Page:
Controlling a train with on-board Arduino

Welcome – This technology was demonstrated at the Seattle Mini Maker Faire March 22nd and 23rd, 2014 at the EMP museum.

We’ve seen Lionel trains controlled with your typical speed controller or even via radio control. This project takes it up a few notches and puts an Arduino on the locomotive to sense speed and make autonomous adjustments so that the train runs fast on the straightaways but slows down for and around curves.

Code use to run the train, as demoed at the Maker Faire. Please look at train_imu.cpp towards the bottom. The rest is modified multiwii code.

Here is the track controller code, also as demoed at Maker Faire.

First attempt at computer control of locomotive, tethered.

Code used to run the locomotive back and forth using the Mega 2560 in the foreground as shown in video above.

Building the track.

Detailed pictures of the tethered locomotive and Arduino.

This is my experimentation station for this project – the smallest track I can make!:

Read the build log of the proof-of-concept I created a few years ago that jump-stared this project.

That 8×8 LED RGB display you see below is actually hiding an Arduino called Rainbowduino.

The project is partially complete. So far I have:

  • Rainbowduino getting motion data from an IMU. The Rainbowduino is an Arduino variant that allows an 8×8 RGB LED matrix to plug into it. The matrix provides useful status updates that are visible from a distance (no tiny LCD here). The Arduino receives information about curves via an IMU (Inertial Measurement Unit). The unit is a GY-80 and is read and processed by a minimal version of MultiWii (normally used to fly Quadcopters).
  • Modified locomotive that uses a special wheel crank to break the beam of an opto sensor. Each time the wheel goes around it is counted and timed so that position and velocity can be computed. Both are derived from the wheel circumference and the pulse timing and counts.The sensor is connected to ISR0 (Interrupt Service Routine) to allow accurate counting, and also ensuring that no pulses are lost.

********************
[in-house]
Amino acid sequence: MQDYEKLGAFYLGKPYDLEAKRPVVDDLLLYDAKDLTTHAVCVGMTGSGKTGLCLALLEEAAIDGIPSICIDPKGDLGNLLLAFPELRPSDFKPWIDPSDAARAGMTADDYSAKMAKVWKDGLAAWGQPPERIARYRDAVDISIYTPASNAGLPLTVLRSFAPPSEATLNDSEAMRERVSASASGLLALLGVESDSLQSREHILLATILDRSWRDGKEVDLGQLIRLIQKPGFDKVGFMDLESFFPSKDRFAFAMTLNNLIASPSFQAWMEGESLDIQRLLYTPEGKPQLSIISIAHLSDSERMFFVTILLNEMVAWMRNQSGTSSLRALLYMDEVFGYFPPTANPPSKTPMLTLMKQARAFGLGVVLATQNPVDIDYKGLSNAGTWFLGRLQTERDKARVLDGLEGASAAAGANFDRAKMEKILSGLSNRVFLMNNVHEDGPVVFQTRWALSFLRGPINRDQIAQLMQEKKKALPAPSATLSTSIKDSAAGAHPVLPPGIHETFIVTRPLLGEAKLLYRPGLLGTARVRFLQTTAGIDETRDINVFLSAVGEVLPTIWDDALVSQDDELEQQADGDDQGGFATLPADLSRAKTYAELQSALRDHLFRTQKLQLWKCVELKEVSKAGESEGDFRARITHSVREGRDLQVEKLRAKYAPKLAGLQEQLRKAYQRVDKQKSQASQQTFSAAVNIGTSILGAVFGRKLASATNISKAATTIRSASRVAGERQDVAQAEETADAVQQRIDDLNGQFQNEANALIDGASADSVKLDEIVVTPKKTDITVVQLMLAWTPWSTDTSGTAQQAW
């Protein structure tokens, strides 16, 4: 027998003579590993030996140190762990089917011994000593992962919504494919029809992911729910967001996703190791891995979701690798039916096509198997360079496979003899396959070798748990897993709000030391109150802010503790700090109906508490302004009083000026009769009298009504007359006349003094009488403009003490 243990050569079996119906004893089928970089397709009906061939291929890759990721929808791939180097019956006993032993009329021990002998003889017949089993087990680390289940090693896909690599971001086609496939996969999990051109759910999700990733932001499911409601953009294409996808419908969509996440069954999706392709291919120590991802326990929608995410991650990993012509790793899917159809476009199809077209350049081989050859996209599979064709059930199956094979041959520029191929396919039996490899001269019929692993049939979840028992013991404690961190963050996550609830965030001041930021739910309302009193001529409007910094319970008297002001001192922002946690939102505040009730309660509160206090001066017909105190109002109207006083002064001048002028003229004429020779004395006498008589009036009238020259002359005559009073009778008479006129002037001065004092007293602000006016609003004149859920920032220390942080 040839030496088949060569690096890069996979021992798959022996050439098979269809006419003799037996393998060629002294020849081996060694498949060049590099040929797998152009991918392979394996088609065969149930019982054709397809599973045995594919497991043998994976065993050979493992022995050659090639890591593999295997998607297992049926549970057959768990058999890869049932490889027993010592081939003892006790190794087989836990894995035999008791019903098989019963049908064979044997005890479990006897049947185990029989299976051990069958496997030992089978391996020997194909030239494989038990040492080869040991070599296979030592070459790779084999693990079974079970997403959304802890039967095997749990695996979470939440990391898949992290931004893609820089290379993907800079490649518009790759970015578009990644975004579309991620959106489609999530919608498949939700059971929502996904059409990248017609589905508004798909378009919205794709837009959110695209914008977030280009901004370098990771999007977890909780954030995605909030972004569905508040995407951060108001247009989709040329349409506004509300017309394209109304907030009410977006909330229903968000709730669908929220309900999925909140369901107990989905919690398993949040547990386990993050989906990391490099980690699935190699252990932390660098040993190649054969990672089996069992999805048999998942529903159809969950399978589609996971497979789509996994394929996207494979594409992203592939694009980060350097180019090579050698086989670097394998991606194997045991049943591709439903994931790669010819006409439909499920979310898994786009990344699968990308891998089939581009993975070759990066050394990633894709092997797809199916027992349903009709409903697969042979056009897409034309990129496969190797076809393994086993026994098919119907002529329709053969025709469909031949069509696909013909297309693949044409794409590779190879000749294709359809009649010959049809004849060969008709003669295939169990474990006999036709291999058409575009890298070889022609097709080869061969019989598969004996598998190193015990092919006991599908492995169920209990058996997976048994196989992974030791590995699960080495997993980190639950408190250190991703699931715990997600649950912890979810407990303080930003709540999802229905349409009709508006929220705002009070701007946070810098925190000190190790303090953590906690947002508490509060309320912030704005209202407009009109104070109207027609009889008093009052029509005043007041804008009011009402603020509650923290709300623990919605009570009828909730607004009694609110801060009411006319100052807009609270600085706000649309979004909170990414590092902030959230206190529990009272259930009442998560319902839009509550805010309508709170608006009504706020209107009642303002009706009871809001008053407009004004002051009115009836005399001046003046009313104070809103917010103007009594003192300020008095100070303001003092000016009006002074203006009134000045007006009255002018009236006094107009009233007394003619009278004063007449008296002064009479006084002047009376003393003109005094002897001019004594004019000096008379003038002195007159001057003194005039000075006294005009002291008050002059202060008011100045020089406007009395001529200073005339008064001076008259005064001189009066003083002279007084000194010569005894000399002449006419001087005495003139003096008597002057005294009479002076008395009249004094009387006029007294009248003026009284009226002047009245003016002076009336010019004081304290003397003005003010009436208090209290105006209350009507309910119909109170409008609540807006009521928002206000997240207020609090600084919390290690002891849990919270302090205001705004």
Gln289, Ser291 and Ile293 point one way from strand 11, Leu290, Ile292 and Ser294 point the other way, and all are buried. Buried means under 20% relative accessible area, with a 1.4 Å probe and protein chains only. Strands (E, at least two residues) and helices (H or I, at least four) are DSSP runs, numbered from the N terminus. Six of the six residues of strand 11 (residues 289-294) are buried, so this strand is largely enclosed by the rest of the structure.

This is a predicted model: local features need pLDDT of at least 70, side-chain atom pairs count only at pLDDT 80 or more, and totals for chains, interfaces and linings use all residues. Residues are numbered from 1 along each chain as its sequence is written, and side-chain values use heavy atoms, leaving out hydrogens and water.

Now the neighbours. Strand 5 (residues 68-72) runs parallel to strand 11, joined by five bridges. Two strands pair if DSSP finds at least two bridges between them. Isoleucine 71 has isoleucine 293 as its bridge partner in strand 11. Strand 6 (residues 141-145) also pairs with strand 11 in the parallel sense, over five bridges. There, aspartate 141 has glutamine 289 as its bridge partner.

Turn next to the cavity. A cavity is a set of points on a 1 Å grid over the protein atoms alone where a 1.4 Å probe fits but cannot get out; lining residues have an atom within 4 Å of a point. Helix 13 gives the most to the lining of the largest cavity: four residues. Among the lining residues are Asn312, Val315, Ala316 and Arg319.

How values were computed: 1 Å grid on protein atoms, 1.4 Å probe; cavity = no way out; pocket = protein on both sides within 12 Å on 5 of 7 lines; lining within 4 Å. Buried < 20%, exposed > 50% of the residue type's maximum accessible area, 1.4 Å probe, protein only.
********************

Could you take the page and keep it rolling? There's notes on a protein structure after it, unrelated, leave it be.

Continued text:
• A fully functional DC motor controller soldered to a small board and bolted to the back of the locomotive. The desired motor speed is currently controlled via a potentiometer on the breadboard and read using the Arduino analog in. From there a pulse width modulation and control signals are sent through two optocouplers to the motor controller, allowing speed and direction control.
  • A separate power system for the Arduino using a custom-wound transformer to decouple the power to the motor from the power to the Arduino to avoid interference (I’ve experienced noise from the motor affecting the Arduino in other experiments). The power source to the track will be a constant 16 VAC – this will be converted to DC and sent to the motor and Arduino. I’m using a rechargable Li-Ion battery pack (used for cell phone recharging) to power the Arduino due to constant voltage requirements (i.e. keep it powered even if train derails).
Now that I have the train working with a constant speed algorithm, what’s next? Develop the track mapping software for the arduino. I will be spending most of my time writing the code to get the train to detect curves and slow down, then speed up for straightaways.

 

// PWM Motor controller with direction control via
// input potentiometer
//
// (C) 2014 zapmaker
//